In short this is a tremendously good read with excellent characters, lots of interesting storylines and offering a credible depiction of a modern bureaucracy with all its flaws. If there does happen to be anyone left who hasn’t read it then my only advice is to do so. Now. I eagerly await the next translated volume.
♦ ♦ ♦ ♦ ♦ ♦ ♦ ♦ ♦ ♦
This book (either as Mercy or as The Keeper of Lost Causes) has been reviewed at Crime Scraps, DJ’s Krimiblog, Euro Crime (By Maxine), How Mysterious, Mysteries in Paradise, Reading Matters, The Nordic Bookblog,
♦ ♦ ♦ ♦ ♦ ♦ ♦ ♦ ♦ ♦
My rating 4.5/5
Author website http://www.jussiadlerolsen.com/
Translator Lisa Hartford [aka Tina Nunnally]
Publisher Penguin [this translation 2011, original edition 2008]
Length 504 pages
Book Series #1 in the Department Q series
Source I bought it
Bernadette – I’m so very glad you liked this novel as much as you did. You highlight two things, too, that really made this book a special read for me. One of them as you say is the humour (and yes, kudos to Hartford for conveying that). Sometimes the humour is subtle but it carries the book along. And yes, the depiction of Merete Lynggard is terrific. I very much like her personality and her determination. I also like the portrayal of her relationship with her brother Uffe. It shows a really warm, compassionate side of her. And I have already become fans of Mørck and Assad. I’m really looking forward to the next English-language release…
Yes, yes and yes to your review and to Margot’s points as well. A good read and interesting. I found the parts with Merete Lynggard to be fascinating. How anyone could keep their sanity and actually plot strategies on how to cope and survive is almost beyond me, but Jussi Adler-Olsen knew how to write this well.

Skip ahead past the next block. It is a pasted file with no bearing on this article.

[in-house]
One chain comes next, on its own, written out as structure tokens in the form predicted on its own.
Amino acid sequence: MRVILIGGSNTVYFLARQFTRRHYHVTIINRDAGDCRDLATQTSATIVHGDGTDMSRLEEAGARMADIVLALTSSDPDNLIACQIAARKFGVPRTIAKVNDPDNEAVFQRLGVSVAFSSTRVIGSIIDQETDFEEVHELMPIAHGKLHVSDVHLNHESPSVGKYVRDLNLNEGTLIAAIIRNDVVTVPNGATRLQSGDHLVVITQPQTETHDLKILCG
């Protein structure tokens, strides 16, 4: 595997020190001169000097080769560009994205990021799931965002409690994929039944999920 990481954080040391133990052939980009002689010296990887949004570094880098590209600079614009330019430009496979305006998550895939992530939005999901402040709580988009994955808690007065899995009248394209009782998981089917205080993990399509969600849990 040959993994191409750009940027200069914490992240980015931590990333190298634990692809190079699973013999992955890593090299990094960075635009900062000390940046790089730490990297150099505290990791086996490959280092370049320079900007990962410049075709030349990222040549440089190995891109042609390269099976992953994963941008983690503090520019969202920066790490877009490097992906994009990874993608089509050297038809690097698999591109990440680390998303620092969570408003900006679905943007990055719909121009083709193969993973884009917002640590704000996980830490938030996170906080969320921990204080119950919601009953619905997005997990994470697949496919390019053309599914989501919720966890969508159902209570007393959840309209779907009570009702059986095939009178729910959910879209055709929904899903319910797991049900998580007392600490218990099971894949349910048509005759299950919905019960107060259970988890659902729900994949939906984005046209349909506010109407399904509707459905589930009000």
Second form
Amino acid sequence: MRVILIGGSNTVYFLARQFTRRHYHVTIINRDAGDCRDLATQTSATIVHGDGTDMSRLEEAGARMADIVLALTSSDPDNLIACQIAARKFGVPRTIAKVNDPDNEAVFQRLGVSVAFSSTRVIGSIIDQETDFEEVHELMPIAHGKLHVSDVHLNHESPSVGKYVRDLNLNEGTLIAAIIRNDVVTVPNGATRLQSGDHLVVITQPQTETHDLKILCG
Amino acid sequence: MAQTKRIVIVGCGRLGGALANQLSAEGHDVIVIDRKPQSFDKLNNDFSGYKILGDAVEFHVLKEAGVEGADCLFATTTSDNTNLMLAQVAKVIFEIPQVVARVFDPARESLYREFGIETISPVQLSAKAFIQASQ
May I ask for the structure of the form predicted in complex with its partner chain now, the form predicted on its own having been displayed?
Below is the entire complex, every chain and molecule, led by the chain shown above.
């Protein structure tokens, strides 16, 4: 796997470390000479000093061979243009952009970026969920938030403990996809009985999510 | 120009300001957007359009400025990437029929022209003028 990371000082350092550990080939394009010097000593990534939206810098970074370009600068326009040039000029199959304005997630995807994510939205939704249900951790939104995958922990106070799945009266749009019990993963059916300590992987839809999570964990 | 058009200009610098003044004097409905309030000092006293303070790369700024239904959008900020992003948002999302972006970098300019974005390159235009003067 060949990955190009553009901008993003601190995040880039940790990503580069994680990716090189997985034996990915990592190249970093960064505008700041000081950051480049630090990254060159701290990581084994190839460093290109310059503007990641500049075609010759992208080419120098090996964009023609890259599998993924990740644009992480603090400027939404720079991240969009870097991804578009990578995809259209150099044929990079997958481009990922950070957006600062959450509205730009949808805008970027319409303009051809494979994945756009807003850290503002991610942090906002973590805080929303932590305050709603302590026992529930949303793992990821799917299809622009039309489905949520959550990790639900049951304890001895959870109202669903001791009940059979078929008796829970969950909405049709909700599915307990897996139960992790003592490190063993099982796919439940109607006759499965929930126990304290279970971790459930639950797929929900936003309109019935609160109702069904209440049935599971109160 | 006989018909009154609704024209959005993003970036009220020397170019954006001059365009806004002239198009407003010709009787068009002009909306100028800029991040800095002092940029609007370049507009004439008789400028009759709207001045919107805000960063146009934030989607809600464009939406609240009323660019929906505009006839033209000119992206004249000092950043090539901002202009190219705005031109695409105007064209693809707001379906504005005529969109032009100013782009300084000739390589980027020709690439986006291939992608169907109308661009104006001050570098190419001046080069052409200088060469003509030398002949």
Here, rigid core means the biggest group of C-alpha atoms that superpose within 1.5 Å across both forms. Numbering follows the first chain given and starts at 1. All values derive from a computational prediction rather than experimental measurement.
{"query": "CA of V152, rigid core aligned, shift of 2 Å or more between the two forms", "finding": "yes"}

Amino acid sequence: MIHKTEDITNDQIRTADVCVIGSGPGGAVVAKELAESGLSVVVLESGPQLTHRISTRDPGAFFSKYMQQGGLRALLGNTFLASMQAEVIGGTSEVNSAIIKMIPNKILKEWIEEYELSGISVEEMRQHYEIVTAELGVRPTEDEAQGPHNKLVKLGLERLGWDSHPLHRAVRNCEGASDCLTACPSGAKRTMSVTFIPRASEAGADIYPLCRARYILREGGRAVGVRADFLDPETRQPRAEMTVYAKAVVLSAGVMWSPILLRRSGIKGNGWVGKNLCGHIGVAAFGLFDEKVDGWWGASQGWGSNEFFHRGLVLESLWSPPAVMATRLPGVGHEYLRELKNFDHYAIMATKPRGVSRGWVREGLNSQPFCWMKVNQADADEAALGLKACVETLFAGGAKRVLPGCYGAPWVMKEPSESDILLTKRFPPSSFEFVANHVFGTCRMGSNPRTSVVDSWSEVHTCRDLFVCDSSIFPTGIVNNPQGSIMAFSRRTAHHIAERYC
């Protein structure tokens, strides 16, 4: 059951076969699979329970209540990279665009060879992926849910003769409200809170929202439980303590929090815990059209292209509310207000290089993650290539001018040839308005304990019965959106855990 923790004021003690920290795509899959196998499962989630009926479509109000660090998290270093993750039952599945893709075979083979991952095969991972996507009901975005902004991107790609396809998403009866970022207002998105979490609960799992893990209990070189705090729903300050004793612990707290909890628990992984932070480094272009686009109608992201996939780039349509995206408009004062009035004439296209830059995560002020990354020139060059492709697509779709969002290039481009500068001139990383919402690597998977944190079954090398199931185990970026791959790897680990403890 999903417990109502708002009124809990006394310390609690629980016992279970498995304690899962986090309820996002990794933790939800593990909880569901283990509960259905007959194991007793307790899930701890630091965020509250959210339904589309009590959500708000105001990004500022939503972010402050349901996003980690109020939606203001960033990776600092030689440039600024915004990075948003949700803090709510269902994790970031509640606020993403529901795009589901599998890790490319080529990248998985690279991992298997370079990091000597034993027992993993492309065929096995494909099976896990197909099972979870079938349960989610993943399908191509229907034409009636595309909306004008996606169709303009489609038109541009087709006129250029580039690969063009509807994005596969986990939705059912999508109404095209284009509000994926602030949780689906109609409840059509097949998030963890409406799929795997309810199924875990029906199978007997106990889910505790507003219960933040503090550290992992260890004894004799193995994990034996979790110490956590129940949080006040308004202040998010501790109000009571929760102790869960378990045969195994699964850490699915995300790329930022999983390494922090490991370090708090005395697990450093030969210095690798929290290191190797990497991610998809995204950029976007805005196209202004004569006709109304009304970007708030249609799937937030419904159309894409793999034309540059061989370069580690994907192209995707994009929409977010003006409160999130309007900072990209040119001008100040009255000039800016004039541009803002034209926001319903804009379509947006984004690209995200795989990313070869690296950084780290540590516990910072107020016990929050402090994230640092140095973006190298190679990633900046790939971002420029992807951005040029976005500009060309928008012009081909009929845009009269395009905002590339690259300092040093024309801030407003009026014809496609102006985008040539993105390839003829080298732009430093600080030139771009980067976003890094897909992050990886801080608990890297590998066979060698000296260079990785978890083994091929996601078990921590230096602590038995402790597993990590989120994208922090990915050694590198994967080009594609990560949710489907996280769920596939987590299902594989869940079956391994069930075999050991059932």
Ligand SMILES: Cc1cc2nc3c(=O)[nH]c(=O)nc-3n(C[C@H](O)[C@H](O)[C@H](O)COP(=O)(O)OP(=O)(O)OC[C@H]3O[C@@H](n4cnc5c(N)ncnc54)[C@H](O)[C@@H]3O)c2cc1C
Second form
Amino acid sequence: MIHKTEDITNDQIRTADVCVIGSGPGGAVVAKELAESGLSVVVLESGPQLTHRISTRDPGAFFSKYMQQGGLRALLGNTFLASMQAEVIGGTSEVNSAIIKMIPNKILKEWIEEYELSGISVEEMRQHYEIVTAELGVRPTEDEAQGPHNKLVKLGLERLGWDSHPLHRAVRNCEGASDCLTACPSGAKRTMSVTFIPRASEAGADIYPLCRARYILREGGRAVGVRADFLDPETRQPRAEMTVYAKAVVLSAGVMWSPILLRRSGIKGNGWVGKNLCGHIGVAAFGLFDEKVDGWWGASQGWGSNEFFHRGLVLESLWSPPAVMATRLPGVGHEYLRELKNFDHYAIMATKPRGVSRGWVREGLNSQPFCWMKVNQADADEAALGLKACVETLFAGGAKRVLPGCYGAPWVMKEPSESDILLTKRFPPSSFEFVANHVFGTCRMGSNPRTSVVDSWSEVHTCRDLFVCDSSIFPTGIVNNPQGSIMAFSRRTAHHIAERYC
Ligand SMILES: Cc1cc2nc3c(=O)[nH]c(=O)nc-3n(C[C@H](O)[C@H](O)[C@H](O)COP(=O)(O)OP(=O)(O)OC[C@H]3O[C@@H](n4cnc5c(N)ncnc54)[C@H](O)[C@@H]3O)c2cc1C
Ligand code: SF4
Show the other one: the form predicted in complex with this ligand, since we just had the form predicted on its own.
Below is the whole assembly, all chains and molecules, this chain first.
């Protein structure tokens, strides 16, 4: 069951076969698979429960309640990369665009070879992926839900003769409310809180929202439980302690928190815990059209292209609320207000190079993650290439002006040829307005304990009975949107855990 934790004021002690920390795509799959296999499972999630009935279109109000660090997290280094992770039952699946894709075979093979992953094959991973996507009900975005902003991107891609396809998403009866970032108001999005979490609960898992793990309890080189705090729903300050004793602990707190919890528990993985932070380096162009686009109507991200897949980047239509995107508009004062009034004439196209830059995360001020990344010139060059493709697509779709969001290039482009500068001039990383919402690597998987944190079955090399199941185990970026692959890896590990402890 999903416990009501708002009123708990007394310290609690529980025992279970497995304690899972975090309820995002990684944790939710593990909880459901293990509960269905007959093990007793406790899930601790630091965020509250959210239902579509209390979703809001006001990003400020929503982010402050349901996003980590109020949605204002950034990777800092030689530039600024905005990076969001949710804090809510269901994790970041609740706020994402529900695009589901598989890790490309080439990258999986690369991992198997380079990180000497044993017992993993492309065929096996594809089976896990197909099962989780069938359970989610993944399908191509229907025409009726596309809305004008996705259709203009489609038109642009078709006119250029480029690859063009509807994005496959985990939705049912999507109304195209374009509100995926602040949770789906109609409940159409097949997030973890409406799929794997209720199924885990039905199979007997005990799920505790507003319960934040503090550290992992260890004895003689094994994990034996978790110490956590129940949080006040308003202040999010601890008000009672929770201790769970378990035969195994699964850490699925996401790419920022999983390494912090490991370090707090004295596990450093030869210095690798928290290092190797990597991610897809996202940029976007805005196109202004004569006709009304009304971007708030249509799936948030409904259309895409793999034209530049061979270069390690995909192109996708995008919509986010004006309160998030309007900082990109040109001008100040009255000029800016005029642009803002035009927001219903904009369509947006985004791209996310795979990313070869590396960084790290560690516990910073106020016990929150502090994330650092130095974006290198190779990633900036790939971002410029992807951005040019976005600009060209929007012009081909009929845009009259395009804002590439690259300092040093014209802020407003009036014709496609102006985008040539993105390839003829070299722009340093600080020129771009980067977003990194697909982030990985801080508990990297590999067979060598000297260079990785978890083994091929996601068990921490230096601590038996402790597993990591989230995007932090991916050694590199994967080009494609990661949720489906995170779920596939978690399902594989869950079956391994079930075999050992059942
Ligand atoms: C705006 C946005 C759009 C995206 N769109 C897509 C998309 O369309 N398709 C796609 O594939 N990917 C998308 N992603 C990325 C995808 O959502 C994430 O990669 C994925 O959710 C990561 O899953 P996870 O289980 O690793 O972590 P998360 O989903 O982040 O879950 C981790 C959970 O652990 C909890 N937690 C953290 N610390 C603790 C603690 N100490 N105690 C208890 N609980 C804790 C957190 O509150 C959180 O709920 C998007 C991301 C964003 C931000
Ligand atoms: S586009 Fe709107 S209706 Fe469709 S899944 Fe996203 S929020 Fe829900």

And Carl is quite a character. He’s not a run-of-the-mill detective. He is fun to read about. His sense of humor is quite intact. I also laughed quite frequently in this book. The humor definitely kept it from being too morose, especially when reading about Merete’s plight.
And I agree with kudos to the author for keeping sexual violence OUT of this book. It meant I didn’t have to skip any parts and could read all of it and enjoy it.
I hope his next book is published in English soon. I wonder what Adler-Olsen has written about, and I shall wonder until I have his book in my eager hands.
Oh, and I almost forgot — the addition of Assad definitely adds to the book. He’s an interesting guy and the interplay between him and Carl is enjoyable.
I haven’t read this one yet so thanks for the reminder.
Oh, and just saw the FF about the CWA awards. I am thrilled that Crooked Letter, Crooked Letter won an awards. It’s been nominated over here in States for several awards, but hasn’t won, which has astounded me. It’s a mystery, but it’s a story about the U.S. South, with much character development. It tells of a friendship and offers another slice of the human condition. It’s very moving. I, a friend, her father, another friend all liked this book enormously.
Agree with Margot and Kathy. Also loved the ex-wife parts, and how being nice pays!!!! And I love your review, Bernadette, to me your reviews are never pointless. If they are of a book I’ve read it is fun for me to compare notes, and if not I use your reviews as a trustworthy guide. I think you are spot on in the points you raise. I did think the climactic ending at the farmhouse a bit weak but that’s a tiny negative in an overwhelmingly positive feeling I have for the book. I also like the way that there are various hints that could be developed in interesting ways in future books, rather than the series rapidly becoming repetitive. Well, one can but hope.
Talking of Nordic crime fic not being all gloomy, you must read Headhunters by Jo Nesbo if you can get hold of a copy. Wow! Fast, furious fun, as well as intelligent.
I just realized I was very amused by Carl’s home life with the stepson and eccentric tenant. That added more humor.
P.S. So glad to see that Headhunters is good, a fast pace, fun and intelligent. When Nesbo is good, he is among the best.